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Re: [Latest draft of Internet regulation bill]
- From: Tom Vest
- Date: Sat Nov 12 20:04:54 2005
On Nov 12, 2005, at 6:48 PM, Christopher L. Morrow wrote:
Is cost-based regulation so bad for critical, non-substitutable
infrastructure? That's how the US market got flat-rate Internet access.
Are you suggesting a return to cost-based regulation? At one time
No, I'm not, actually I think that the answer to my question was: "All
prices were regulated based on air mile distance.
bits cost the same to push inside 'my' network" (where 'my' is
single entities network, and the cost is for that entity).
Is flat-rate the same thing as "making some people pay for more than
There no such thing as a market price for critical, non-substitutable
infrastructure. Most markets/regulatory jurisdictions around the
world don't have / never had any cost-based pricing requirements for
network infrastructure, and in most of those markets the "market
price" of infrastructure inputs is somewhere between 90-200% of the
projected revenue potential that the infrastructure creates. That's
why there are so few operators/ASNs in most countries -- there's very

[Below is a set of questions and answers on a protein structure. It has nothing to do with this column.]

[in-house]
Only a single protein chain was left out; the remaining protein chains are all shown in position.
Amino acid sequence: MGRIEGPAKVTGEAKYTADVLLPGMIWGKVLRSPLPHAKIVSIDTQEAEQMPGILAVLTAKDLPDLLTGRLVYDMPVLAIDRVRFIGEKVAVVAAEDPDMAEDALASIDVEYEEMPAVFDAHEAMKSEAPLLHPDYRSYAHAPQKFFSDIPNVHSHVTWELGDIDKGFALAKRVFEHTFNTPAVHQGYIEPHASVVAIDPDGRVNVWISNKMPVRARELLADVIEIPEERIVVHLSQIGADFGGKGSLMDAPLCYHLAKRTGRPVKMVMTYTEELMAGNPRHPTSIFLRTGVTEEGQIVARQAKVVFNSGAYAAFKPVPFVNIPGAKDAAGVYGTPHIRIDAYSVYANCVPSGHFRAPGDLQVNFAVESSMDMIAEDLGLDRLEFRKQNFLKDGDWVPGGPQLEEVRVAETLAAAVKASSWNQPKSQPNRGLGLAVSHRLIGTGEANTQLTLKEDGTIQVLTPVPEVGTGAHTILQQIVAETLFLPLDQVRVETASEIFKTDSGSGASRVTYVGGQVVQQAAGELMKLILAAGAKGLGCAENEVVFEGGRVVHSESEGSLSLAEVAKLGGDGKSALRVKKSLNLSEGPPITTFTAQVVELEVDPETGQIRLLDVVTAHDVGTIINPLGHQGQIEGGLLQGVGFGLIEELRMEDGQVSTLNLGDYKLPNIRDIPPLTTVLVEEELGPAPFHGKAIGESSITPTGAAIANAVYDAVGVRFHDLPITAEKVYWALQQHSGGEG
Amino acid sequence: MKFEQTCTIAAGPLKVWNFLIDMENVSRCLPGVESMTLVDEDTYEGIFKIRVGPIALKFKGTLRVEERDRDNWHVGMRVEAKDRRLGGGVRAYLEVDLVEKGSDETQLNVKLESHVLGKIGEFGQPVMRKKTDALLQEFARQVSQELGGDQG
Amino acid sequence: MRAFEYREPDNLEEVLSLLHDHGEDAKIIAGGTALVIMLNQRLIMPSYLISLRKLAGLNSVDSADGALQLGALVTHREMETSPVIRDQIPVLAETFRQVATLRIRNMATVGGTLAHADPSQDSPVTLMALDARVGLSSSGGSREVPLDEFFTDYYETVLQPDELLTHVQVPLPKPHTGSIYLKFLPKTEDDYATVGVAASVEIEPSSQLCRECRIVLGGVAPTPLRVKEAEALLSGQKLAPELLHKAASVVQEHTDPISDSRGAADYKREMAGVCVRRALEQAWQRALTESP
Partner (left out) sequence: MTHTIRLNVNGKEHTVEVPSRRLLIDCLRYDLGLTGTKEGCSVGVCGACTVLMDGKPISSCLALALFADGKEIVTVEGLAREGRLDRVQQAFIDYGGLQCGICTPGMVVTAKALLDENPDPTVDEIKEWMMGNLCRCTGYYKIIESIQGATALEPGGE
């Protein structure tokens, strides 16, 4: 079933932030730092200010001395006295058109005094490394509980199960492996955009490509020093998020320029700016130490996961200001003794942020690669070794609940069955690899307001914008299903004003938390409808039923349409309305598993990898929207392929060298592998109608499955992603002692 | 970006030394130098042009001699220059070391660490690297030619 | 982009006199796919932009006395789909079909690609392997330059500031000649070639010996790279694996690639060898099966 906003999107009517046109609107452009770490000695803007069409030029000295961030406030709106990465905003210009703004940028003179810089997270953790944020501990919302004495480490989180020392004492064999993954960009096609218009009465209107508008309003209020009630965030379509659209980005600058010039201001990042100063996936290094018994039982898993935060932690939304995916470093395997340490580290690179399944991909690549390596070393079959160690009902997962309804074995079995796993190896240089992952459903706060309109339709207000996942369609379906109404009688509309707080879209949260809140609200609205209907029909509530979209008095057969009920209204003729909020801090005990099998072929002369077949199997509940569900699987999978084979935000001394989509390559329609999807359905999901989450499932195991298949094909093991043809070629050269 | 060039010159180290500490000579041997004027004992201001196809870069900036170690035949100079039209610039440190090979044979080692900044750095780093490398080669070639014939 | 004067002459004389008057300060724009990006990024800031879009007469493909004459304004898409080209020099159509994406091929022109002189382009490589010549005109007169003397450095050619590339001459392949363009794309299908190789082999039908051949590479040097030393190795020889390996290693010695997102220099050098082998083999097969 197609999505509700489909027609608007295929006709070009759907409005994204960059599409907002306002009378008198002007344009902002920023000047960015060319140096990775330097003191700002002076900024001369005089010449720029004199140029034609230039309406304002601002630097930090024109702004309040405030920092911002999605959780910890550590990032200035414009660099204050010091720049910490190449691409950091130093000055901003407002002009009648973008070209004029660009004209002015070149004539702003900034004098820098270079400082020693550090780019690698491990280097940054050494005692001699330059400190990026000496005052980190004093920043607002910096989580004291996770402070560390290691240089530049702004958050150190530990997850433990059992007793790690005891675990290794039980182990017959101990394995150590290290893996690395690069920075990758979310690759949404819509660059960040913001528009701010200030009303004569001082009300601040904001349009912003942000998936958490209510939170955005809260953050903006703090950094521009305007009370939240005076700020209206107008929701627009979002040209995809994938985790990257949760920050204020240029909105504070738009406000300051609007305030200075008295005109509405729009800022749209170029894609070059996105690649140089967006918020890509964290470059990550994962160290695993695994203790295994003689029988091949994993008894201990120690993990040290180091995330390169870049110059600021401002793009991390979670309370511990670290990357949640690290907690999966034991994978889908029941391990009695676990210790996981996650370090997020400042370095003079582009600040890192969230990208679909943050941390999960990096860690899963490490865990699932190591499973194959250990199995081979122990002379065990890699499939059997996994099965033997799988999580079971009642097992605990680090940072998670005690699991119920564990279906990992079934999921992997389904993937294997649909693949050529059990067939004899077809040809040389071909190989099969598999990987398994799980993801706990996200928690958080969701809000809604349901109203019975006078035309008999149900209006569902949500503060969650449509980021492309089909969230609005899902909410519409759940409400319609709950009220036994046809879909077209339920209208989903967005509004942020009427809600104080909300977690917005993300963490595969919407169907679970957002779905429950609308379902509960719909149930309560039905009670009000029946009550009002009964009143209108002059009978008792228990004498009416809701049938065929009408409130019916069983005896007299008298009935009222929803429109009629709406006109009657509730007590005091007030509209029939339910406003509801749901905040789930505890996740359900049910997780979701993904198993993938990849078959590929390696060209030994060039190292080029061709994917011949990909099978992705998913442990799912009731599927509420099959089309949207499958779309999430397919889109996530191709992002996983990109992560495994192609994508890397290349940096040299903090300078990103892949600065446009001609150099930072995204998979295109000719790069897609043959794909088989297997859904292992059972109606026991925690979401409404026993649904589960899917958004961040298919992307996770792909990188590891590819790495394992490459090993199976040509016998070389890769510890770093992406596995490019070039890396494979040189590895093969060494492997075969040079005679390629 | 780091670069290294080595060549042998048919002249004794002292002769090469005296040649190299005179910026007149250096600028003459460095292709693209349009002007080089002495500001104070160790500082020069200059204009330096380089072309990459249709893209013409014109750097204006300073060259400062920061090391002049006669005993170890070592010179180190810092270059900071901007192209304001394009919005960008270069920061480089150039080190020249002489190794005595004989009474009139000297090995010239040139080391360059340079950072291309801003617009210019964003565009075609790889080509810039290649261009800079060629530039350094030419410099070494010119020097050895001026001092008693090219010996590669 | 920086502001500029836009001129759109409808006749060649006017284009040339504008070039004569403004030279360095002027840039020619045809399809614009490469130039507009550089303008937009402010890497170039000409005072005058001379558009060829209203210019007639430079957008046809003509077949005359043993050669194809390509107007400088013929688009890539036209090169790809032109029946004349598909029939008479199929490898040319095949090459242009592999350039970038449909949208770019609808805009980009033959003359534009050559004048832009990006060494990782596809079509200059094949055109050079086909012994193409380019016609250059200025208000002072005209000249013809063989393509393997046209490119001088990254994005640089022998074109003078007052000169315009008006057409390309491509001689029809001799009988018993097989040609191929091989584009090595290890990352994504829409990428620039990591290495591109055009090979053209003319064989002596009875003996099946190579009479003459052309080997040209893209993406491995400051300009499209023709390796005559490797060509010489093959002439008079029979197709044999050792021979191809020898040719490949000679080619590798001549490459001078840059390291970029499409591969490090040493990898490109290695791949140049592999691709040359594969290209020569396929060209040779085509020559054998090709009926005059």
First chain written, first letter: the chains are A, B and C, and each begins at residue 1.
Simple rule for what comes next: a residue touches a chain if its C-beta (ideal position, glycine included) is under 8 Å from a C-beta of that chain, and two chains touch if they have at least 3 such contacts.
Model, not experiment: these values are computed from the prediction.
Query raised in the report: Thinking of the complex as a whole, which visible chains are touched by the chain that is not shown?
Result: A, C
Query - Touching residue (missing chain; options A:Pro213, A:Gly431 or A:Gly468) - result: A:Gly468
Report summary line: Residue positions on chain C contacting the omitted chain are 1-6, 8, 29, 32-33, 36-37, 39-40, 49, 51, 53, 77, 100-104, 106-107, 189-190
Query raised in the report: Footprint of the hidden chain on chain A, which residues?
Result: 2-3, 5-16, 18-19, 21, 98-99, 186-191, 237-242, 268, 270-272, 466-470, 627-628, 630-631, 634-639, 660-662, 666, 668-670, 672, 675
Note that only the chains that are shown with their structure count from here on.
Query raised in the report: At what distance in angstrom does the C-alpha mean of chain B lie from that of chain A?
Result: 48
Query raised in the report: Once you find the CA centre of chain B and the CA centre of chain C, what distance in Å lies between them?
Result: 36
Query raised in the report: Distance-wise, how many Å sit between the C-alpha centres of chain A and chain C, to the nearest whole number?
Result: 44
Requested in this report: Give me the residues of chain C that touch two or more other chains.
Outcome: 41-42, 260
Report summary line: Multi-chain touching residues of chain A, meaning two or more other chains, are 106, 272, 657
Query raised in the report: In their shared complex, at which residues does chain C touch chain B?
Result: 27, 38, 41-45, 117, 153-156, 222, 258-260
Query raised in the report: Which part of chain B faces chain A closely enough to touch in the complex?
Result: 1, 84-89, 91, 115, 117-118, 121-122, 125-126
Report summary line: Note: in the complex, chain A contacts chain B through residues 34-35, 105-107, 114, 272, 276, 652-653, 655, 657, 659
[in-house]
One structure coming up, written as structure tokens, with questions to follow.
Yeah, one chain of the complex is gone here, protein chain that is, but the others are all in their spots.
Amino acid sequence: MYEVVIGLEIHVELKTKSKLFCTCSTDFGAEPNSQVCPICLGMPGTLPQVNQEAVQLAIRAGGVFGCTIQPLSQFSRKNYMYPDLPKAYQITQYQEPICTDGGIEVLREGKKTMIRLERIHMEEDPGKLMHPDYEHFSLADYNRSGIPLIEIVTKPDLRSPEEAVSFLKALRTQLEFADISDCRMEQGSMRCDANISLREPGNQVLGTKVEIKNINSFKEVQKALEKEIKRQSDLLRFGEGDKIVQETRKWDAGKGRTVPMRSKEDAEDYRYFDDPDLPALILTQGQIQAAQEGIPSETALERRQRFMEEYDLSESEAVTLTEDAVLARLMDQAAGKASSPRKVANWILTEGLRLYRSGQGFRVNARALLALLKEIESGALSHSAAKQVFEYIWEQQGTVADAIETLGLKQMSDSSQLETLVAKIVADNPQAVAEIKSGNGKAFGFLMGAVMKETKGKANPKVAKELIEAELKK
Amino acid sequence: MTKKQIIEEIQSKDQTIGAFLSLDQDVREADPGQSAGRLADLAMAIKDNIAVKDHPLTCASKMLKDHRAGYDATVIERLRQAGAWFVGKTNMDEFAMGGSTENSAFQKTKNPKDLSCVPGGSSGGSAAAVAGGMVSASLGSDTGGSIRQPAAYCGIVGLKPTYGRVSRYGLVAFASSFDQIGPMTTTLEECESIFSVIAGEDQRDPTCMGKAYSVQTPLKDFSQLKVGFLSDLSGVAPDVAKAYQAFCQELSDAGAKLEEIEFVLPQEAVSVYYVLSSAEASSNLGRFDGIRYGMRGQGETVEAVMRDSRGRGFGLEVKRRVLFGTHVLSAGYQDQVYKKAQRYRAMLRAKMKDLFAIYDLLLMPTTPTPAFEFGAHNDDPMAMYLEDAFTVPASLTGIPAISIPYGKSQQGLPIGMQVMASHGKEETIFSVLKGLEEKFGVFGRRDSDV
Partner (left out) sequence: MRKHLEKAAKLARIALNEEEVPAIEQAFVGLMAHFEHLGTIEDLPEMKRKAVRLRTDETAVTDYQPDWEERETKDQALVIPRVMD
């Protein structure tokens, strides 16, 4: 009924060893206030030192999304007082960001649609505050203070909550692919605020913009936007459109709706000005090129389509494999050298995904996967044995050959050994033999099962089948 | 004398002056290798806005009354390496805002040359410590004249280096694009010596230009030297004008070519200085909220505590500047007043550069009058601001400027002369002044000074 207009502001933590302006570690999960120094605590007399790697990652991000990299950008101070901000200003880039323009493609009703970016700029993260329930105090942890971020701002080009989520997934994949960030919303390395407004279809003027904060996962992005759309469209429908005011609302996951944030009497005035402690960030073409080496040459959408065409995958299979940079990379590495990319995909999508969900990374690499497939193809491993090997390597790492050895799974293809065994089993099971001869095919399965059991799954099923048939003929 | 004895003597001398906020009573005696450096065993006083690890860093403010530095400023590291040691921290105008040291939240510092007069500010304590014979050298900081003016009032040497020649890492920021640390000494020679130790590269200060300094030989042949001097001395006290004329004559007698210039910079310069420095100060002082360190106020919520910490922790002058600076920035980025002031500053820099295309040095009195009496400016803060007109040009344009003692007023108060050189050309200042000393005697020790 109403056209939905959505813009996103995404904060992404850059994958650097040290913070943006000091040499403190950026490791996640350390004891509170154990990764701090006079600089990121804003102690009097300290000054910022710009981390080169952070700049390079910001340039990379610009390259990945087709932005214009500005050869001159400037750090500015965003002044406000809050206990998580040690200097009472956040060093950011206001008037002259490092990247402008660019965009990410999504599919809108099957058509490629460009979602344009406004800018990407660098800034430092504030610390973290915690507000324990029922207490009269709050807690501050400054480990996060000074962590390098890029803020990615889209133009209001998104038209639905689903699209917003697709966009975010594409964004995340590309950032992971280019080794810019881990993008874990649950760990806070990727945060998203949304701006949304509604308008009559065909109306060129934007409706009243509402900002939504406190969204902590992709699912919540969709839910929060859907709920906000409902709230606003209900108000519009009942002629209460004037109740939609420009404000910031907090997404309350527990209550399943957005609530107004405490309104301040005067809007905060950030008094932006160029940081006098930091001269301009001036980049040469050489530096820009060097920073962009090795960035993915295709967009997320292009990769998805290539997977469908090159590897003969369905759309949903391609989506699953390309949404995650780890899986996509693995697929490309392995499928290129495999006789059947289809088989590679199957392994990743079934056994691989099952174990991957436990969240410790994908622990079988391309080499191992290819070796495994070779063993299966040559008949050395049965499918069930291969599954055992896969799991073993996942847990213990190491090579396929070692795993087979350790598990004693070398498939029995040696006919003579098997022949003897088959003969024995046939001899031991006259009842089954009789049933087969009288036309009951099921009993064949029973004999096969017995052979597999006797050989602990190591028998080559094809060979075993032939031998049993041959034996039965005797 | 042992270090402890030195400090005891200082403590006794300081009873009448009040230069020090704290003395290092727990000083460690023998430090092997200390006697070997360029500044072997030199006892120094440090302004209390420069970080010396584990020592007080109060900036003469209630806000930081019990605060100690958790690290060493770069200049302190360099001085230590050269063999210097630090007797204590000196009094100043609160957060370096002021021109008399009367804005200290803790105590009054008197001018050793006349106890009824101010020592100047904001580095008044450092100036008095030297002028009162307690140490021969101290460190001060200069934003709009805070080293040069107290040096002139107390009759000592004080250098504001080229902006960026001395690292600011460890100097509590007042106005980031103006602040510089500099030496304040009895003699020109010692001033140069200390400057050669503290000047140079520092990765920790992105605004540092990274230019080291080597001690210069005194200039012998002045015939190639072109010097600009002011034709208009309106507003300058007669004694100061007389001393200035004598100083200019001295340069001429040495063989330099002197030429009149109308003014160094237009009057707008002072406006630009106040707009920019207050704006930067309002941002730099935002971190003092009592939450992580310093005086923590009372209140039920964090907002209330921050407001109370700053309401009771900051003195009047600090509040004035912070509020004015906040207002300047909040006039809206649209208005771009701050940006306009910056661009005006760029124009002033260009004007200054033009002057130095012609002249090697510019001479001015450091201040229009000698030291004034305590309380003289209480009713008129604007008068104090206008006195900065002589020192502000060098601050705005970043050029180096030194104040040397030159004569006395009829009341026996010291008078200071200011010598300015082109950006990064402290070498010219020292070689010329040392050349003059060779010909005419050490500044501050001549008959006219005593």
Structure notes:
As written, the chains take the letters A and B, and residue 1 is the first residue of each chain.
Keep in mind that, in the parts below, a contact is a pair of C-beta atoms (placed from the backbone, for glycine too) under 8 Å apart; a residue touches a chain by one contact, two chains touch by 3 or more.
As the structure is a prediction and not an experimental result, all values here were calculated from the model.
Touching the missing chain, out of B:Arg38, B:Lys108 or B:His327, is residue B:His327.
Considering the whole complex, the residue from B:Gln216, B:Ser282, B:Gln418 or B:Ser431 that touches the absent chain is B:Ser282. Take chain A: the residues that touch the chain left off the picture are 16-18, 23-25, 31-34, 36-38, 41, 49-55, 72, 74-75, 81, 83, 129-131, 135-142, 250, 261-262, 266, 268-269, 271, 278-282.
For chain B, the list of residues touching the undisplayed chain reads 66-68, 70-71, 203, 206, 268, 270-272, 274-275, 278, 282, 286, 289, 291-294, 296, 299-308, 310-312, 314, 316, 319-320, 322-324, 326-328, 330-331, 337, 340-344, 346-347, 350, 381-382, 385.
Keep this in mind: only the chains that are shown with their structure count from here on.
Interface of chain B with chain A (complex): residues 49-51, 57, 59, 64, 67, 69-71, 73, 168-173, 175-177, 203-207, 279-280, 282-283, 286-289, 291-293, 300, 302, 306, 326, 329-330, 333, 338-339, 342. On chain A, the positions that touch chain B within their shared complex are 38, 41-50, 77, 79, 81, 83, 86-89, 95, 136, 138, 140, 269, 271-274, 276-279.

little upside for non-telcos -- and one of the reasons that markets
like the US spawned so many infrastructure users.
MCI Friends & Family charged different rates for phone calls
good question, I think all of the examples though have on thing in
whether the person you called was also a MCI customer. Was MCI
interfering with people calling AT&T customers by charging a
rate? Level 3 charges different rates for "on-net" versus "off-net"
traffic. Is Level 3 illegally interfering with people accessing
other ISPs buy charging more? Many cell phone companies offer "free"
minutes when you call other people in your plan. Is Verizon
interfering with other cell phone companies by charging more? Or
of this cases, are they actually charging some people less? How
decide what is a "discount" or a "surcharge"?
all the 'discount' is on 'local' traffic (local to the network),
differential is applied to 'non-local' traffic. This sort of goes
point that inside a network bits all cost the same, its the external
places that cost more... Are the folks advocating making content
pay for 'access' to their customers willing to stand up competing
locally? (something to keep their customers who lose access to
really care about)
That may be where the Internet is headed in the absence of some major
trend shift, but is that where it should go, where we want it to go?